Free Romance Stories: The Good Turn That Deserved Another
by Nkiacha Atemnkeng, Douala, Cameroon.
(A beautiful romance short story with an unexpected twist at the end.)
Free Romance Stories: The Good Turn that Deserved Another
THE HOSPITAL IN NDOLA:
Doctor Whitfield sat in his hospital office in Ndola, a town in Zambia. He was checking a new consignment of medication which he had just received that morning from his native country, United States. There were doses of quinine sulphate, panadol, paracetamol and brand new medication for ebola fever which he had requested from his Boston based hospital. At that time, there was an ebola epidemic which was killing many children in central and southern Africa. A knock on his door made him look up.
''Come in,'' he said.
A parent came in with his little son looking worried. Just one look at the little patient and his temperature measurement made him know what the illness was-malaria. He could boil water on the boy's skin. Dr Whitfield looked at the lab result which confirmed his observation, prescribed the necessary medication and gave it to the parent.
Another couple stepped in with their seven year old daughter. She was a pretty little girl with nice brown eyes but she looked sad because she was very sick. Her parents were shaking even more than the little boy who had malaria.
''The lab test results show that it's ebola,'' the girl's mother said.
''And all the children who had ebola in Ndola have died because there is no cure, no medicine,'' the girl's father lamented.
''No, no, not anymore, you are one very lucky couple. I just received medication for ebola this morning. Your daughter will be the first to survive, don't worry,'' Dr Whitfield assured them.
They got very encouraged as he examined the girl. There was also a healed mark of a knife cut on her left thumb.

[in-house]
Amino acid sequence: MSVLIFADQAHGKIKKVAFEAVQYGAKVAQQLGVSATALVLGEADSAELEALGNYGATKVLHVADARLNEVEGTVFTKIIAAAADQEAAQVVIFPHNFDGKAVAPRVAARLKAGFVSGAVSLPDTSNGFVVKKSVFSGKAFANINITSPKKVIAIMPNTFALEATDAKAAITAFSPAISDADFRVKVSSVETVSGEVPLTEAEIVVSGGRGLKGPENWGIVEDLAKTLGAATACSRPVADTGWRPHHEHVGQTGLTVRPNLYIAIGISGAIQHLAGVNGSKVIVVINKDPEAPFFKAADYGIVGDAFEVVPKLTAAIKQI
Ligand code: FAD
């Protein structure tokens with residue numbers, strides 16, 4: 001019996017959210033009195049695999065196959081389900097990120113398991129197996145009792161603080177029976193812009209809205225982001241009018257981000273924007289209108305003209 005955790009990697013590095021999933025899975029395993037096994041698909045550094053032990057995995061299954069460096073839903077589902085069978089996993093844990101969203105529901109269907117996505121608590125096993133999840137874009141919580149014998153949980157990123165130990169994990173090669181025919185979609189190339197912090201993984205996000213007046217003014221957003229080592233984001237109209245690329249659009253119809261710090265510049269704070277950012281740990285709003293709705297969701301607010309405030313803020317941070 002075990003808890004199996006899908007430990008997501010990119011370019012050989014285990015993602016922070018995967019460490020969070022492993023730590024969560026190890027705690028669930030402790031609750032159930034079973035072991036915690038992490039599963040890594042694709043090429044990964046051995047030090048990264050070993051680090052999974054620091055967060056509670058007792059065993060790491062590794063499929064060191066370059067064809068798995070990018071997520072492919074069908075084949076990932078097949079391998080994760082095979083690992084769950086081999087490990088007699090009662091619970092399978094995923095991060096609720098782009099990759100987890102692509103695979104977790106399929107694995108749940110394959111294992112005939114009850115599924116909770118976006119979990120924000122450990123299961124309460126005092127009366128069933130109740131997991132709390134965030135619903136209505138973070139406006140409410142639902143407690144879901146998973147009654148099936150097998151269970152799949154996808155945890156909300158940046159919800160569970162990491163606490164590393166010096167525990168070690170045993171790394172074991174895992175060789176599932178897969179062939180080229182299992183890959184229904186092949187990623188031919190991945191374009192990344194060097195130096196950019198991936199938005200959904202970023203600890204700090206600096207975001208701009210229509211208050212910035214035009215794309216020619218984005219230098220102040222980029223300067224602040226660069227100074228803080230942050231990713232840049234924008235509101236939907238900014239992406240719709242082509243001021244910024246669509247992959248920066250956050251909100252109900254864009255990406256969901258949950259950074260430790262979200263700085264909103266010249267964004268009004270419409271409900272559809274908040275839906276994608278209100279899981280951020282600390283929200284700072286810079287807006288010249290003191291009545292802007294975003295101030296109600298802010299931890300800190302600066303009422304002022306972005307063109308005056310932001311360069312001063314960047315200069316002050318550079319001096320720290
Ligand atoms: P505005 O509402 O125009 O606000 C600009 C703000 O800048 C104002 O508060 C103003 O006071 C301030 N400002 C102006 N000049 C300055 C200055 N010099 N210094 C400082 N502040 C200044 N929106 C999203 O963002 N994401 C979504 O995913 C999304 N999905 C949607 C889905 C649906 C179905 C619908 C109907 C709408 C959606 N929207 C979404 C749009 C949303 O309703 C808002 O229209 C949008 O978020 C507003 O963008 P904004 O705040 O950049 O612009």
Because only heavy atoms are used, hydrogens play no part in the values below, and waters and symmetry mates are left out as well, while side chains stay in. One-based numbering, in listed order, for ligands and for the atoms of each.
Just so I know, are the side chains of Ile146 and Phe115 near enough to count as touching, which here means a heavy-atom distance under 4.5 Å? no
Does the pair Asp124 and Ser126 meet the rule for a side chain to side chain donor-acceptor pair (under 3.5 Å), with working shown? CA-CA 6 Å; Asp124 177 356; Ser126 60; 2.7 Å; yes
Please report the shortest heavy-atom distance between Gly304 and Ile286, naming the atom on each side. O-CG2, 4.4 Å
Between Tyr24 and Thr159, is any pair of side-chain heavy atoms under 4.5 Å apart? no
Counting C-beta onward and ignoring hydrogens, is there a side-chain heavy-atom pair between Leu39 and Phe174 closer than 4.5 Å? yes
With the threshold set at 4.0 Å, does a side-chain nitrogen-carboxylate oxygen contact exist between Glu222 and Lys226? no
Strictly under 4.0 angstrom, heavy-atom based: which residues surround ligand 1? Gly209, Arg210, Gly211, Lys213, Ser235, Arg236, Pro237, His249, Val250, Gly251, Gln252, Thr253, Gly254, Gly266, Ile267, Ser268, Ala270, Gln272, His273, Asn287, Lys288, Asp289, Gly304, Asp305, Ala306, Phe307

''What caused this,'' he asked them diverting their attention off the illness.
''Ah, she mistakenly cut herself with my kitchen knife while playing with it. She's very playful,'' her mother said.
Their spirits were uplifted when the doctor made her drink the tablets and gave them his prescribed drugs.
Next came a child who had measles. So that was how Dr Whitfield's life was, a pediatrician who had dedicated himself to treating lots of sick children not only in Zambia but had also worked in Nigeria, South Africa and Zimbabwe.. He was now in Ndola where he had decided to extend his stay and treat the ebola ravaged region.
JOURNEY TO LUSAKA:
After four months when the epidermic was over, Dr Whitfield decided to go back to the US. He didn't want to leave but the hospital in Boston needed him badly. So one afternoon after eating his last meal of Zambia's staple food nshima and rape, he stopped a bus saying, ''Lusaka?''
''Yes, you will pay me eight hundred kwacha,'' the driver said.
''Okay, let's go.''
The bus sped along the road to Zambia's capital Lusaka. As the bus got near to a police checkpoint, the driver stopped and told all the passengers that he had forgotten his car documents at home. They all got angry and started complaining. Dr Whitfield was not so shocked because of his first hand experience of Africa.
''Okay, okay, I have an idea. Who knows how to pretend?''
''Pretend?'' they all wondered.
''Yes, somebody has to fake illness, preferably a woman. I'll know what to do to get us out of this my difficulty.''
''I'll do it,'' one woman opted. As they reached the police check point, the woman started shivering as if she had serious malaria. The police whistle went and the bus stopped..
''Car documents? We also need to check your bus.'' ''Officer, please I'll do that when I return. There's a patient in my bus I'm taking to the main hospital in Lusaka. This is Dr Whitfee of the hospital in Ndola, he is the one transferring her because her illness cannot be treated in Ndola. If we waste any time, she may die.''
The man looked at the back seat and saw a shivering woman and three people fanning her.
''Alright, go, go, go quickly to the hospital, quick.'' As the bus sped on and got out of sight, the driver shouted:
''I'm going to the hospital sir.'' The passengers all started laughing and a little boy imitated,
''Alright, go, go, go quickly to the hospital, quick.''
Dr Whitfield barely shook his head and wondered how the driver could be so creative in the difficult art of telling an excellent lie.
When Dr Whitfield arrived Lusaka, he went straight to the airport and boarded his plane. He was going to miss Zambia, its beautiful parks and large elephants. He was going to miss the Victoria Falls especially. The majestic height at which the water fell thundering into the river below was only comparable to giant meteorites hitting earth constantly.